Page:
• A generous sounding 7 days (and nights) to complete the route

The description from the website adds a bit more colour however:

The MONTANE® Spine® Race is a 268 mile, non-stop, uncompromising winter challenge encompassing the entire Pennine Way. Widely recognised as one of the most demanding National Trails in Britain. The Pennine Way crosses some of the most beautiful and, at times difficult terrain found in England, including; the Peak District, Cheviots, Yorkshire Dales and Northumberland National Park – finishing on the Scottish Borders.

The MONTANE® Spine® Race is open to anyone with appropriate experience* who wishes to test themselves and compete in a truly demanding race. Expect to race through extreme weather, deep snow, ice, mud, bogs, strong winds and rain in a gruelling non-stop, 7 day race from Edale to Kirk Yetholm.

It’s not just the conditions that are against you – your own body could become your worst enemy with tiredness, fatigue, sleep deprivation, exposure and the general pains of wear and tear playing havoc with your performance. To finish you must be prepared and willing to push yourself harder than ever before.

Ok, that was more like it. Throw in the fact that only 25% of starters typically get to the finish, and you have something that sounds really preposterous.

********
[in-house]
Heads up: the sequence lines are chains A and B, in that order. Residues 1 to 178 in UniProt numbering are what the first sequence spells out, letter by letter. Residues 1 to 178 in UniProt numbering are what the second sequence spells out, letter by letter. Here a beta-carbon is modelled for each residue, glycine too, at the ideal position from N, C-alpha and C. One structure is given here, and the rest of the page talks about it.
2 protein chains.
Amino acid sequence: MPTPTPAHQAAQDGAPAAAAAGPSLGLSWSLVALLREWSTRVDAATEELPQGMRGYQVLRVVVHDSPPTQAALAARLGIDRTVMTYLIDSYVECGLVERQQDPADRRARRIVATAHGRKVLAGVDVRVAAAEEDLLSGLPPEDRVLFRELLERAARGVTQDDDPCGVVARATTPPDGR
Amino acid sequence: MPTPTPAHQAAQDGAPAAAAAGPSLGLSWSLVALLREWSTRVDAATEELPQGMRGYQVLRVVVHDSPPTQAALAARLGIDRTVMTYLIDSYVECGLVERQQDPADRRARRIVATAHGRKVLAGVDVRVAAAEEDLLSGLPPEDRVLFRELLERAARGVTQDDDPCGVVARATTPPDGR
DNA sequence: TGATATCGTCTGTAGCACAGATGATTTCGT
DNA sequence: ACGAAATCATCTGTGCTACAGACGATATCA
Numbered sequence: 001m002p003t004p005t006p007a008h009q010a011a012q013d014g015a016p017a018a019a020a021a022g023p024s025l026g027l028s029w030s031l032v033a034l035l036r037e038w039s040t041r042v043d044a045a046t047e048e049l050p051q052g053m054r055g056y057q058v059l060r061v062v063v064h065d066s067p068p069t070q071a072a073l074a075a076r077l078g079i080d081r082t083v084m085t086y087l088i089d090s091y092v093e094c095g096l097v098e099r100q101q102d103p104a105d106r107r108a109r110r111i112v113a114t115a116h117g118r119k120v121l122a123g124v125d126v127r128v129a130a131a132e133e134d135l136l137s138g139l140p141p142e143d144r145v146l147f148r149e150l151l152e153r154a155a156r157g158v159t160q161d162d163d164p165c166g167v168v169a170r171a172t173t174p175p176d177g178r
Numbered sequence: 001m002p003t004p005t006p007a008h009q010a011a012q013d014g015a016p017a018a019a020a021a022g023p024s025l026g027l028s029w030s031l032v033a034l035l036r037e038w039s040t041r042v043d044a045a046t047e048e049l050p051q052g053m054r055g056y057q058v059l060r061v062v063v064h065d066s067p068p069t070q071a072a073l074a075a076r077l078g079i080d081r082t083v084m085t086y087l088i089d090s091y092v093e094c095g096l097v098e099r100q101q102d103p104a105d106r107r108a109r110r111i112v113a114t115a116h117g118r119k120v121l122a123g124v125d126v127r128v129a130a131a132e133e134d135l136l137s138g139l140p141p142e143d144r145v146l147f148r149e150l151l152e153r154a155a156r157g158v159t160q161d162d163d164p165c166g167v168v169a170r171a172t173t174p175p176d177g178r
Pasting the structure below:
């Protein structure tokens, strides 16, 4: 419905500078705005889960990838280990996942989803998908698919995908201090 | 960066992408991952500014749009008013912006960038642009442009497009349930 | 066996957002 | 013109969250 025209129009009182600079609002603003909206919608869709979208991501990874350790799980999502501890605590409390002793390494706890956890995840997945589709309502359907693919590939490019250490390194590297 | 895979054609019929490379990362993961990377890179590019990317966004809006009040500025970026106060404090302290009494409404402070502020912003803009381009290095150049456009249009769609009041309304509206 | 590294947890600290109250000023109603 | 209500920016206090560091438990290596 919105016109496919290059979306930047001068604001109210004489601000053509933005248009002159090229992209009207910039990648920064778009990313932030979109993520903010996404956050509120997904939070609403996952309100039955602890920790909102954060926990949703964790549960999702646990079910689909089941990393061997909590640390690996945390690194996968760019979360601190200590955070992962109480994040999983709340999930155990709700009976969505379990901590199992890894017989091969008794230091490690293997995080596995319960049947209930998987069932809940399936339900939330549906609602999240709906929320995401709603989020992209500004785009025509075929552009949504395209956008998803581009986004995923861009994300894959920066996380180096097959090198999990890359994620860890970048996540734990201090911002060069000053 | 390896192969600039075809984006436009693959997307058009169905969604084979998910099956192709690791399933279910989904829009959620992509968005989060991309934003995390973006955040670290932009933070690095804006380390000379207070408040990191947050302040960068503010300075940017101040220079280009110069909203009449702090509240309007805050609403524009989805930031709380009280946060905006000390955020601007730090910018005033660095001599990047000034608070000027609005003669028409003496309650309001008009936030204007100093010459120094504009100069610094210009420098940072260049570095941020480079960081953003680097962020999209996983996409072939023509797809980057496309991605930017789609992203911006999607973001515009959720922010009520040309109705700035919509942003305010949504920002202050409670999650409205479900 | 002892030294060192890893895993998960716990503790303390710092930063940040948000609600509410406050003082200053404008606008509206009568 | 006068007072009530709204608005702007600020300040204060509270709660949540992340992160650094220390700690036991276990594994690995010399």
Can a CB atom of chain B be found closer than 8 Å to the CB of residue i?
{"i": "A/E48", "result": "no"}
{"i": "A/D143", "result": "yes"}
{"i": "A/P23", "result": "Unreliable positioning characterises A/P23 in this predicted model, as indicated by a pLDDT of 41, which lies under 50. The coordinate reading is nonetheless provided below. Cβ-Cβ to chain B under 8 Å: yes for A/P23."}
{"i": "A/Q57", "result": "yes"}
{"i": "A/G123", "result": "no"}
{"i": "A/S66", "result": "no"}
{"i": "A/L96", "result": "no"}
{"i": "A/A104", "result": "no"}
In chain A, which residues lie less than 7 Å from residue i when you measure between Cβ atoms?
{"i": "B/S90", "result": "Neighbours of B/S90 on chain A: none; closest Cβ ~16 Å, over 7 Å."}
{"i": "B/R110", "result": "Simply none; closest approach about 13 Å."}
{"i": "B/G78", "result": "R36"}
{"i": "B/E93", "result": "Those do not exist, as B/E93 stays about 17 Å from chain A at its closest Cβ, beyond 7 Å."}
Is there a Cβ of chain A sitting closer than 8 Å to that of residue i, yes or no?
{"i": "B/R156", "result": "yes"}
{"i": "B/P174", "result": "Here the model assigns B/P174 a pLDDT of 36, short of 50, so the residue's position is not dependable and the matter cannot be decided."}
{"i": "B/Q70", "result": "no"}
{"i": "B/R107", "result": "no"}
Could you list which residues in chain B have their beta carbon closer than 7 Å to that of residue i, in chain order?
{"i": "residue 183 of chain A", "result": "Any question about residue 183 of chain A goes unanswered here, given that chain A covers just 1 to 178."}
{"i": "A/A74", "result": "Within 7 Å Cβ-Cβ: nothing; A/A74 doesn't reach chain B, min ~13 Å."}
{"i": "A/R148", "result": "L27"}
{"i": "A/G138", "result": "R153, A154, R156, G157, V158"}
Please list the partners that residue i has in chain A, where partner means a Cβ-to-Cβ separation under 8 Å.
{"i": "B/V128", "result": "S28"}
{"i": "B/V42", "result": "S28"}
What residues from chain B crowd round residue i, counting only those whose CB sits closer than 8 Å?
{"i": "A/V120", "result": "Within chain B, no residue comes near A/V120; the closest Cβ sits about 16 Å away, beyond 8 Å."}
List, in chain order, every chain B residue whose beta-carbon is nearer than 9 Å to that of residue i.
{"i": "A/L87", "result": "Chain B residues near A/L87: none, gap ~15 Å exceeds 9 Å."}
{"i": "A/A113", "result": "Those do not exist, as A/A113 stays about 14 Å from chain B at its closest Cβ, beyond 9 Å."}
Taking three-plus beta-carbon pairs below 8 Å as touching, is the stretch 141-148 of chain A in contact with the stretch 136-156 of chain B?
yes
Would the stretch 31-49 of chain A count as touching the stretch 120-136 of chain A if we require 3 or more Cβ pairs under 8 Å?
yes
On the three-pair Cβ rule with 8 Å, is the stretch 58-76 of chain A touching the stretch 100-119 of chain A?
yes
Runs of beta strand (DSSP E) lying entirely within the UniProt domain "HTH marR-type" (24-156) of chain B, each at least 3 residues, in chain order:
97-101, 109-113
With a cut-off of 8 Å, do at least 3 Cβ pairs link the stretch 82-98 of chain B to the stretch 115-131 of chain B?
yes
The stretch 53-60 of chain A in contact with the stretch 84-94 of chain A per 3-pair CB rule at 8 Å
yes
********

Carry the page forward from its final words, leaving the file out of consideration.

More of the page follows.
I turn 40 this year, and what better way to celebrate such a significant milestone than by putting myself through the most gruelling ordeal I could find, and pay cash for it too.

After months of fretting and feverish planning I toed the muddy line in Edale with 67 other athletes (I’m calling myself that now!) on Saturday the 9th of January, and gently trotted off into the unknown.

4 hours shy of 7 days later, I touched the wall of the pub that marks the end of the Pennine Way, in Scotland.

I was physically exhausted, had found places in my mind I didn’t know existed, and was sobbing like a child.

I’d done it.

That was nearly two months ago, and so far at least, I have no desire to up the ante on this one.

Mind you, I met someone who went there and back, so there’s a thought…

[Full report here]

2 thoughts on “Upping The Ante; Why I Entered The UKs Most Brutal Race

  1. Very interesting, I now kind of understand why and how you do these things.
    But still find it incomprehensible!